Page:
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Protesters take abortion pills outside the US Supreme Court earlier this month
US drug regulators have approved mail-order abortion pills, making permanent a temporary rule change that was approved this year during the pandemic.
The decision from the US Food and Drug Administration (FDA) will open abortion access to women in remote places unable to visit clinics to get them in person.
But the move will be overridden by 19 states that already have rules banning mail-order abortion pills.
It comes as judges consider overturning the ruling that legalised US abortion.
The medication, mifepristone, is approved for up to 10 weeks of pregnancy, and is one of two pills used to end pregnancy and treat miscarriage.
Restrictions on the drug, which was first approved in 2000, were lifted earlier this year due to pandemic lockdown measures.
The change is now permanent, allowing women to receive the pill by post from a certified medical worker or pharmacy and receive abortion consultations on the internet.
“The FDA’s decision will come as a tremendous relief for countless abortion and miscarriage patients,” said Georgeanne Usova of the American Civil Liberties Union (ACLU).
But anti-abortion advocates say the decision puts women at risk.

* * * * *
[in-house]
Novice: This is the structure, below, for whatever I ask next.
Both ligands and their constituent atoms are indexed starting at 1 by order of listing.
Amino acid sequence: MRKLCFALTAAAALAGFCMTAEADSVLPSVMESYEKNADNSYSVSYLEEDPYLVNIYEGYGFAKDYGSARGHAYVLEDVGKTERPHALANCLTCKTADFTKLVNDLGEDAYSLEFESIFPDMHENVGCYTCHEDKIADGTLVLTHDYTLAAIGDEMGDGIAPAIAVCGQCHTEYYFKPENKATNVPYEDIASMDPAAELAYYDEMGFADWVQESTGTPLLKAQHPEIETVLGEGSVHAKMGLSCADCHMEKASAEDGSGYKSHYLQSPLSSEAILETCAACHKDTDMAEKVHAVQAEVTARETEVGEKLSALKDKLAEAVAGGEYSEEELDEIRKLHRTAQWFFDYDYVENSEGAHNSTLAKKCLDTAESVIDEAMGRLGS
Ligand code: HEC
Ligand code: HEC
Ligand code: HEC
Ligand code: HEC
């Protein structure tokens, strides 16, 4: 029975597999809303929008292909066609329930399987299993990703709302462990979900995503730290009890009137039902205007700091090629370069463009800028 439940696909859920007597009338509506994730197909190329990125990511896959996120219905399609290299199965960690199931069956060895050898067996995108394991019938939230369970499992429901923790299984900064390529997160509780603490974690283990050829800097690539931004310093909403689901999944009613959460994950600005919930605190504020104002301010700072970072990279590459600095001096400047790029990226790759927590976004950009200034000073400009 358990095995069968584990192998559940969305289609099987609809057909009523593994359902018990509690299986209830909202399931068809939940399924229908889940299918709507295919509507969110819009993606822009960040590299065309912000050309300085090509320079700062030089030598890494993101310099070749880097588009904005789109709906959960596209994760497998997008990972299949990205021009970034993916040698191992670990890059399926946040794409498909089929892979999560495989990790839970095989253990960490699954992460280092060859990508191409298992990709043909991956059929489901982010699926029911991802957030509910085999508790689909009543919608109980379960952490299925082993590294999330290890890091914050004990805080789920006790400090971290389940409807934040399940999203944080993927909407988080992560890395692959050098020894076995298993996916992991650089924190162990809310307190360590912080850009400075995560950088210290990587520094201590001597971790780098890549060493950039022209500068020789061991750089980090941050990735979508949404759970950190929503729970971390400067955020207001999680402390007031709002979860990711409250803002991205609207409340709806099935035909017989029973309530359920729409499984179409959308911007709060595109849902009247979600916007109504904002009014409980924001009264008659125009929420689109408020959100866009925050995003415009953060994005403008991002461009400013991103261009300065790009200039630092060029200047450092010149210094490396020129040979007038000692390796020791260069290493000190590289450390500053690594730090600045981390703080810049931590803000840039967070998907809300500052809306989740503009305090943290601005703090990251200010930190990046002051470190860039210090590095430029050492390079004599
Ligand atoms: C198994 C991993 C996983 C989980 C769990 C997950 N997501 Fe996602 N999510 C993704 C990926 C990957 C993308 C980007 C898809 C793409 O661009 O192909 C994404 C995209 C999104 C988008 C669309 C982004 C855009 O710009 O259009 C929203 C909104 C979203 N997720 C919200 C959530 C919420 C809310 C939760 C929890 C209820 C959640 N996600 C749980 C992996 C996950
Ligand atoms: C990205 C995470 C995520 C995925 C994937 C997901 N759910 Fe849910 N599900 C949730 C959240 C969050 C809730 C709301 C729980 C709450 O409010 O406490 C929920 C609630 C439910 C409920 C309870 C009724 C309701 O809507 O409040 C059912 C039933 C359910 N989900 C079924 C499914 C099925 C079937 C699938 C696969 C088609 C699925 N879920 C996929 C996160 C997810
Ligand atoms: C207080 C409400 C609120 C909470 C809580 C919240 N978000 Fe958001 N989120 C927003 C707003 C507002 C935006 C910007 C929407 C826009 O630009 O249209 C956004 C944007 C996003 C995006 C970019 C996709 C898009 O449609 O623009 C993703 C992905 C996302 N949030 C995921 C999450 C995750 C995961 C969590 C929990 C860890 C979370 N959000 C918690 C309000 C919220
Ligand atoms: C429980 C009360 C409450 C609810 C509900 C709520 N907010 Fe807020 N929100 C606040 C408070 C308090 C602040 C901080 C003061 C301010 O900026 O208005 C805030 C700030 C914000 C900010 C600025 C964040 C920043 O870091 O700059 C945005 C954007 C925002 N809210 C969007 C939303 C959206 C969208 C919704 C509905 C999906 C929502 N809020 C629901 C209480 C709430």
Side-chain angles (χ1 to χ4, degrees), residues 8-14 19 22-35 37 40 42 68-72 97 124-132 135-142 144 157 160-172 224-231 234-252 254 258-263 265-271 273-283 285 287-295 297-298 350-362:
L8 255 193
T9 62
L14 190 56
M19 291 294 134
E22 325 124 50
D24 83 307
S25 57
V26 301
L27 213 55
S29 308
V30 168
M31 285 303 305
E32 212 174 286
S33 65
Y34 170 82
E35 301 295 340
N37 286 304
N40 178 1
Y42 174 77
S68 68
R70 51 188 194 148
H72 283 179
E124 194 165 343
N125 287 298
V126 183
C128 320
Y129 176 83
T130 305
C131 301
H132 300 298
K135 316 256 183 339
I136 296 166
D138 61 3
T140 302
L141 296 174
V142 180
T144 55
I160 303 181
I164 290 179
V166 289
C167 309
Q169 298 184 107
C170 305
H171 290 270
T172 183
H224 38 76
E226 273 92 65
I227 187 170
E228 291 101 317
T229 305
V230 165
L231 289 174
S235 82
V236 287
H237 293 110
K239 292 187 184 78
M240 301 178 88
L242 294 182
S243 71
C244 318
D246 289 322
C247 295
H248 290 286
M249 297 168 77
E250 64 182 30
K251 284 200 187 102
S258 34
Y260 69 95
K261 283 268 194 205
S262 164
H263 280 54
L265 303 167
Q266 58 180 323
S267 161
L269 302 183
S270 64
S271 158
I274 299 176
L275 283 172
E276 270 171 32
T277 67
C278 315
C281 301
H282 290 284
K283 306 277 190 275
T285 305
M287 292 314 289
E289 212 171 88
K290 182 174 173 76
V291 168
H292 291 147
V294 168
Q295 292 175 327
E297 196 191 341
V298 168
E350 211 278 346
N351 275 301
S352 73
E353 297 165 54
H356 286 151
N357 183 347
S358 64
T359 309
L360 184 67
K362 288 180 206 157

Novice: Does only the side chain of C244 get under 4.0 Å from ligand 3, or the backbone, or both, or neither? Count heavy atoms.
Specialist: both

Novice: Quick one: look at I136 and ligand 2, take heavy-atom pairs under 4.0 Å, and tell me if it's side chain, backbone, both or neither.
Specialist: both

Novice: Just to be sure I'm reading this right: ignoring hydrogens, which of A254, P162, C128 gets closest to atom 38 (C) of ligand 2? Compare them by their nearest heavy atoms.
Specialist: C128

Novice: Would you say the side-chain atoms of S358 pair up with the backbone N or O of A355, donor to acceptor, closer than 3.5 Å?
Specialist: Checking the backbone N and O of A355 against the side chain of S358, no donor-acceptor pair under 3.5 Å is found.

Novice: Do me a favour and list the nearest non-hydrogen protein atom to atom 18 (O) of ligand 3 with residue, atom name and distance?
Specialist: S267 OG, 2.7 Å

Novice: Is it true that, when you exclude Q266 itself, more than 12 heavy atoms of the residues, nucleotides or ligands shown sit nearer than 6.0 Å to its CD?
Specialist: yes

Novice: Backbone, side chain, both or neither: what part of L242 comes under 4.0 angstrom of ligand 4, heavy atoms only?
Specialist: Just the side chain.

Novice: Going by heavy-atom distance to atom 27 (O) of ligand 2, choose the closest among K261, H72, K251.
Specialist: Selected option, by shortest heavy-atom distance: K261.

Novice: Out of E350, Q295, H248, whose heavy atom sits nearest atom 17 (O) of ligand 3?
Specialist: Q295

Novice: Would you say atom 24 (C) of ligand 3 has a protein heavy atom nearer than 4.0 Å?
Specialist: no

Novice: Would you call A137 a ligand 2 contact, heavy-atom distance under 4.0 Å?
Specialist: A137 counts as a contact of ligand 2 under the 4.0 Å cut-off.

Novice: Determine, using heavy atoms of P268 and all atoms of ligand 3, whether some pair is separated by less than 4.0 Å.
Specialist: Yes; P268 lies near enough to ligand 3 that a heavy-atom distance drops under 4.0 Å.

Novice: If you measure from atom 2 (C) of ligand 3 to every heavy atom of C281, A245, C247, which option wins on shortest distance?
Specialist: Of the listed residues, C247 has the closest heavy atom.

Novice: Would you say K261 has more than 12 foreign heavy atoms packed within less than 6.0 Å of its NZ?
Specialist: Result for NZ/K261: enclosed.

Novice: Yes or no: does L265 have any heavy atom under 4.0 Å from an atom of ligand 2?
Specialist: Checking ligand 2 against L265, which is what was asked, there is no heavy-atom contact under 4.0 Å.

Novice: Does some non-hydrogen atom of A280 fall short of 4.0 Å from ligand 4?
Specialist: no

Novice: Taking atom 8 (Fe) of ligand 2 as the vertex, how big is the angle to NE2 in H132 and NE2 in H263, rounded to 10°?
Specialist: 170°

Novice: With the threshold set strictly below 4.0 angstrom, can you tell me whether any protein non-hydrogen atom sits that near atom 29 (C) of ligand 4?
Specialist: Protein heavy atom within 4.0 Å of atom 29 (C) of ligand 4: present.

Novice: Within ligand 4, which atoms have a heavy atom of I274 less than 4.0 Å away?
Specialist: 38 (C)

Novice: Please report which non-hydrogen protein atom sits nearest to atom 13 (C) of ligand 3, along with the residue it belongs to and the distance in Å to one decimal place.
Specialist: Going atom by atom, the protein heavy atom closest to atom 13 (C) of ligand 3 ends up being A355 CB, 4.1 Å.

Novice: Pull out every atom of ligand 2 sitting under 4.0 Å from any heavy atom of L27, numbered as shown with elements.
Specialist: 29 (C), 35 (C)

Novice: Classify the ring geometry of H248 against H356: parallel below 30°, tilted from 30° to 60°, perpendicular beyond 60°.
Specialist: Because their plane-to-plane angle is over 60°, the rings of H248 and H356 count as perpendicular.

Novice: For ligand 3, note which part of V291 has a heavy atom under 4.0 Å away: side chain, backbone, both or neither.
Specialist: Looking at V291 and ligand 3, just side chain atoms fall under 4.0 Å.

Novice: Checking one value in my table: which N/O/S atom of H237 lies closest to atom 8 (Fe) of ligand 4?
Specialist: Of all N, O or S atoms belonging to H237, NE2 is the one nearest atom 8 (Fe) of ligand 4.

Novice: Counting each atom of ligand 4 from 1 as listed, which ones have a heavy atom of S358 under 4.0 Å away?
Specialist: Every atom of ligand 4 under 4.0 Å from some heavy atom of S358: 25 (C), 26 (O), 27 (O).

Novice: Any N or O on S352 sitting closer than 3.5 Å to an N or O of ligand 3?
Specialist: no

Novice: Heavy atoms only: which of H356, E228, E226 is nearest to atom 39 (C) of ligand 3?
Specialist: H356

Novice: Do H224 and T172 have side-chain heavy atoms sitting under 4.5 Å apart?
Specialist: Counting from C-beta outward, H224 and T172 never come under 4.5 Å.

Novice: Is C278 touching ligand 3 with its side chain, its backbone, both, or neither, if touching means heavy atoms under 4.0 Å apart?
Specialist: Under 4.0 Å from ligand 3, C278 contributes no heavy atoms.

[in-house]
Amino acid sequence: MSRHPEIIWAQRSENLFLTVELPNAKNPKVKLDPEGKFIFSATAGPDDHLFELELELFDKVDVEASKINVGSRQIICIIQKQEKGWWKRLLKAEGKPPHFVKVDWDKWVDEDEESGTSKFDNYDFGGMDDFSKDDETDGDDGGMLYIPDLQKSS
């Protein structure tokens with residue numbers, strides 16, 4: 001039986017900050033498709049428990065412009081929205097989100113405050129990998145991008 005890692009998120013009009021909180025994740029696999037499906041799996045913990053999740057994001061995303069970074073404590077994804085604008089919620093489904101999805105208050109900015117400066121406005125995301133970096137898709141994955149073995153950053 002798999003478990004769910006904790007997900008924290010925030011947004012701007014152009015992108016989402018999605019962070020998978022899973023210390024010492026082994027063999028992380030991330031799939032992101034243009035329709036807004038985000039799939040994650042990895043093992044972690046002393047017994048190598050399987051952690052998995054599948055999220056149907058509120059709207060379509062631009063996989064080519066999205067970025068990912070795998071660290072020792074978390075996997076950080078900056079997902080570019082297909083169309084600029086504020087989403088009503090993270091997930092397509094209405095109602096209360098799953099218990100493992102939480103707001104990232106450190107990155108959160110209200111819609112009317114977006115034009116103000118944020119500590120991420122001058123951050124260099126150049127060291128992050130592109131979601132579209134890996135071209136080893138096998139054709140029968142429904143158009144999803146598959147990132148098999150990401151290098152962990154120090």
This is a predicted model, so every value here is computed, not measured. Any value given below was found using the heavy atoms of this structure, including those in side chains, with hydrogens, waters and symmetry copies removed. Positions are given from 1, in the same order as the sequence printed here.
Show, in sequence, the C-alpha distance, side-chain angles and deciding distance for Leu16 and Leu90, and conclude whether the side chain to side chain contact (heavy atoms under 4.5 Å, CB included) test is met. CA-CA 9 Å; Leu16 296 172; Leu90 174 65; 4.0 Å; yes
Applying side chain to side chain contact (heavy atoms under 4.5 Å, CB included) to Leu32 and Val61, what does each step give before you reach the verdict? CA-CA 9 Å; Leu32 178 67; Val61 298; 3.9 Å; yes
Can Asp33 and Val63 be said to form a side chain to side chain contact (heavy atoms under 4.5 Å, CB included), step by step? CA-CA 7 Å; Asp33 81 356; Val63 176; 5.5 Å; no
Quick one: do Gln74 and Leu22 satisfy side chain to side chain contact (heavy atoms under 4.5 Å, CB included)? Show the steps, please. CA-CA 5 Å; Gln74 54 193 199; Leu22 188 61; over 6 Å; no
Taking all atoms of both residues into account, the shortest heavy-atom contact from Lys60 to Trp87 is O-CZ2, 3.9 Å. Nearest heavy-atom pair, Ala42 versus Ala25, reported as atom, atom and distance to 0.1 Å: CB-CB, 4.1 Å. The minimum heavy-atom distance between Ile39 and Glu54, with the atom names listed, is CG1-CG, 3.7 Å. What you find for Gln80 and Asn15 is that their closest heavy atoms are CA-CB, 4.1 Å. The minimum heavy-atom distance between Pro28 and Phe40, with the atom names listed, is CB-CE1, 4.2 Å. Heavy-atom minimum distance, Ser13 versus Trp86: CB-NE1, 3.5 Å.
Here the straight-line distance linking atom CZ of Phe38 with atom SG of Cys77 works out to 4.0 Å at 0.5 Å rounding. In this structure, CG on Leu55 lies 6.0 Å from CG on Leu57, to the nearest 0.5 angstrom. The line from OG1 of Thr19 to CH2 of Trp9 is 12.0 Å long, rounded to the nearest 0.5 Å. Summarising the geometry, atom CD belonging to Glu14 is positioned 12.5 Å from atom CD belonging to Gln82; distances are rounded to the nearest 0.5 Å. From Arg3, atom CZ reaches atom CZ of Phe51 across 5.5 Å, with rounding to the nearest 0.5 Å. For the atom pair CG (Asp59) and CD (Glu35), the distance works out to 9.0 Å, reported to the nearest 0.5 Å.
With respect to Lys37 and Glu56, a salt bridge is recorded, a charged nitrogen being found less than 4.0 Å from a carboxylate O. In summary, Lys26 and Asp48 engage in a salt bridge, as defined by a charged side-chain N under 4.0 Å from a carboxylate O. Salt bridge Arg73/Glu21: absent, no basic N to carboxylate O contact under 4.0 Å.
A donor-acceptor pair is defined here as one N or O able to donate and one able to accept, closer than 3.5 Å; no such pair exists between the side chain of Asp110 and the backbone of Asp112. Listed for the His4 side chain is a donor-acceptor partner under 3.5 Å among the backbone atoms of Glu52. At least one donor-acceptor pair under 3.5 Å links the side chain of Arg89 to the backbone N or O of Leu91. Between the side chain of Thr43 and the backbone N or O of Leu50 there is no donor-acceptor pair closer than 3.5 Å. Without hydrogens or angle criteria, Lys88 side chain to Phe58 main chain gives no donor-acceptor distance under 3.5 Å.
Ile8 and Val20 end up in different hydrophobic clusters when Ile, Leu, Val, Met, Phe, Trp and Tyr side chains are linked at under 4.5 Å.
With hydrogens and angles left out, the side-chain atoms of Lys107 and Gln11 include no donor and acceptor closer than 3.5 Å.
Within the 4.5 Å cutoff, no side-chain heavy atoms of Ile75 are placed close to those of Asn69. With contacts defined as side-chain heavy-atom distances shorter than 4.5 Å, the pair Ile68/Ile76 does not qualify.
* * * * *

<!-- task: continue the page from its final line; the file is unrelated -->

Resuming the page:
Some 24 out of 3.4 million women who took the branded version of the drug to terminate a pregnancy have themselves died between 2000 and 2018, according to FDA records.
The change comes as the US Supreme Court considers a case that could overturn the 1973 Roe v Wade ruling that legalised abortion in all 50 states.
A decision on Mississippi’s law banning abortion after 15 weeks is due by the end of June.
Medically induced abortion involves two drugs, taken over the course of several days.
Mifepristone blocks a hormone necessary for pregnancy, while the second drug, misoprostol, induces contractions. Misprostol is already available with a doctor’s prescription.
The method now makes up 54% of all abortions performed before nine weeks, according to the Kaiser Family Foundation.